The point at which this effect occurs the velocities at which a column is operated is called flooding velocities. The downcomer and space between the trays are completely filled up by the liquid and the tower is said to be flooded, due to high-pressure drop due to increased flow rates of the streams.
Effects due to flooding:
1. Tray efficiency falls
2. The liquid may force out of the exit pipe at the tower top
Overall tray efficiency is defined as the ratio of the number of real trays required to the number of ideal trays required. Channeling is most severe in towers packed with stacked packing. Wetted wall tower experiments are used to determine the volumetric coefficient of two interacting phases.
Priming in a distillation column is desirable from point efficiency considerations. Priming is an exaggerated condition of liquid entrainment. The packed column provides a substantially smaller liquid hold-up as compared to the plate column. Outlet weirs (provided on the plate in a plate column) maintain the desired liquid level on the plate. Inadequately large weir height may cause all of the foregoing; a common weir height for absorbers and strippers is 3 to 4 inches. The binary liquid-liquid system has two degrees of freedom.
Due to high gas velocity, liquid from the bottom trays is carried away along with the vapor to the top trays.
Coning is a Tray Tower
occurs due to low liquids flow velocities when compared to gas which results in the pushing of the liquid away from the tray openings.
Weeping in a Sieve Tray Column
is due to a low gas velocity which is not equal to liquid flow velocity, and the liquid is not enough resisted to hold on to the tray pass from the downcomers, the complete liquid will flow through the openings in the tray itself. so, weeping occurs when gas velocities (in a plate column) are too low. Most of the liquid is rained down from tray openings and some through the downcomer.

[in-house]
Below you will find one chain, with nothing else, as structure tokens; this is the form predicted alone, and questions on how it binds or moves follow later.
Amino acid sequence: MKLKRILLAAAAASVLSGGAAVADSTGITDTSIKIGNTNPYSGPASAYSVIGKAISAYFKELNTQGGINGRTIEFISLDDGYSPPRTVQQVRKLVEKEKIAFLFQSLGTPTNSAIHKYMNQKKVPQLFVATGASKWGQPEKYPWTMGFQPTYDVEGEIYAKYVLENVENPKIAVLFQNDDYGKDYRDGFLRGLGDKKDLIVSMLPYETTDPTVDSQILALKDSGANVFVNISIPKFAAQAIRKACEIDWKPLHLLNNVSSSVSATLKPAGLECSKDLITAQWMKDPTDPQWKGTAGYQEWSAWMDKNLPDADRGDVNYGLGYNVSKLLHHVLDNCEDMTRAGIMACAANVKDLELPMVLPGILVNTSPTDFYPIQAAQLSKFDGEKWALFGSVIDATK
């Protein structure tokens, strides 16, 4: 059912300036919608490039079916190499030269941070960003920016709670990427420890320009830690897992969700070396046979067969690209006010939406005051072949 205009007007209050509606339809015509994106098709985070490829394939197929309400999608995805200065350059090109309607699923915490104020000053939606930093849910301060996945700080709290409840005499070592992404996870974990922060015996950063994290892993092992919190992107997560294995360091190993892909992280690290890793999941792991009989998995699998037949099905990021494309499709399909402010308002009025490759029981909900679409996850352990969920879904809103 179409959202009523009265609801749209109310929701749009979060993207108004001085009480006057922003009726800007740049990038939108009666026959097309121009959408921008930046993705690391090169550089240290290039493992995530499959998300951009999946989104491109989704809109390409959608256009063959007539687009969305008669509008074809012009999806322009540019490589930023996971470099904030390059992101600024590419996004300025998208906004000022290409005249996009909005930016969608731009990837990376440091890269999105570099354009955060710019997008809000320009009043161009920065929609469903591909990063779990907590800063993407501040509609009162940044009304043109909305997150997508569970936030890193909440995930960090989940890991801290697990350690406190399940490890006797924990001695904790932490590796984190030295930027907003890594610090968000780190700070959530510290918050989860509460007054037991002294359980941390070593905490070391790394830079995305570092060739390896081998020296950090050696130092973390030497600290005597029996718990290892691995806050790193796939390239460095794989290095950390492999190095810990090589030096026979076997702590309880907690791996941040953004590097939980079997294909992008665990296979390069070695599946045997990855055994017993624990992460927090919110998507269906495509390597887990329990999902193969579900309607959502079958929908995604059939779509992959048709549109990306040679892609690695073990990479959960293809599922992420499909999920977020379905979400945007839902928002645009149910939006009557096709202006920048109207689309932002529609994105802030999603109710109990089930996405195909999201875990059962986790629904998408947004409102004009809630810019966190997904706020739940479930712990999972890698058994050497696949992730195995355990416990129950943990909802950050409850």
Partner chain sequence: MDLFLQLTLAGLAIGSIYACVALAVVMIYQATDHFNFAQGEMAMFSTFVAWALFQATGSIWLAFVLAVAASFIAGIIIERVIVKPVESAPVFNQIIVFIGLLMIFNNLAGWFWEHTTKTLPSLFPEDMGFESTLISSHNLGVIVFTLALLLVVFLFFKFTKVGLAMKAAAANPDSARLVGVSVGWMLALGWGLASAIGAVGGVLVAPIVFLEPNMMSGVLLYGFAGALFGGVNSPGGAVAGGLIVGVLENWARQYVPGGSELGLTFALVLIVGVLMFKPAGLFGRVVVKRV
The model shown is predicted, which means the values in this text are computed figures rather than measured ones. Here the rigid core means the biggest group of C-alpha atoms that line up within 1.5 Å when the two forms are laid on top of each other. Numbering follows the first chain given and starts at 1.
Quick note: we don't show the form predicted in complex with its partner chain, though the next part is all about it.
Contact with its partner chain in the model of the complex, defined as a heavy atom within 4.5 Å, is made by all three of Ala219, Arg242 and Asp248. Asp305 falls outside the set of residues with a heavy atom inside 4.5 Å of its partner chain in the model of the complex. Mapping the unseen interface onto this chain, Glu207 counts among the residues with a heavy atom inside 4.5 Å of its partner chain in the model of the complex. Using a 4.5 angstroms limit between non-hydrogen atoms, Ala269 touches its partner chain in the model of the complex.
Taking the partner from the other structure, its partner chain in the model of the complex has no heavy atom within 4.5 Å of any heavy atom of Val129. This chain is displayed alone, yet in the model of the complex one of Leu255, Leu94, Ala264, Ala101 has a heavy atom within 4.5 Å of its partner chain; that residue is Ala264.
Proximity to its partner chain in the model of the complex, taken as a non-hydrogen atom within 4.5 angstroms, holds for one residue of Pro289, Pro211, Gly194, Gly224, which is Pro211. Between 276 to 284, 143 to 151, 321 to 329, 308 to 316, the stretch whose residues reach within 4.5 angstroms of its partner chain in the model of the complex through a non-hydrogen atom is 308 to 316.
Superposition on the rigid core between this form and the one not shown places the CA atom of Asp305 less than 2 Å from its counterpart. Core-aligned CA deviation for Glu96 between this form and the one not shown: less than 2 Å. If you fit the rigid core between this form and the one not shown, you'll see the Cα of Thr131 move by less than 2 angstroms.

The gas hold-up is defined as the fraction of the liquid-gas mixture occupied by the gas.
Weber number is defined as the ratio of shear forces to inertial forces and the ratio of inertial forces to surface forces. Absorption factors are defined as mE/R.
The stripping factor is defined as R/ mE. The Marangoni effect is also known as interfacial turbulence.
The “capillary number” is (K L/ g) (g/GC) where K: permeability; : liquid surface tension; L: liquid density. Large depths on trays (reasonable gas velocities) in a tray column lead to high-pressure drop but high tray efficiencies. Recommended plate spacing for tower diameter of 12 to 24 ft is 36 inches.
A ternary liquid-liquid system has three degrees of freedom. In a countercurrent liquid-liquid extractor, slip velocity [Ud/ +UC/(1- )] where Ud and Uc are, respectively, dispersed and continuous phase superficial velocities and is the fractional dispersed phase hold-up) is Us. In a packed countercurrent extractor, slip velocity is Us’. The relation is Us’ / Us >1. In a binary distillation column, if the feed contains 40 mol% vapors, the q line will have a slope of -1.5.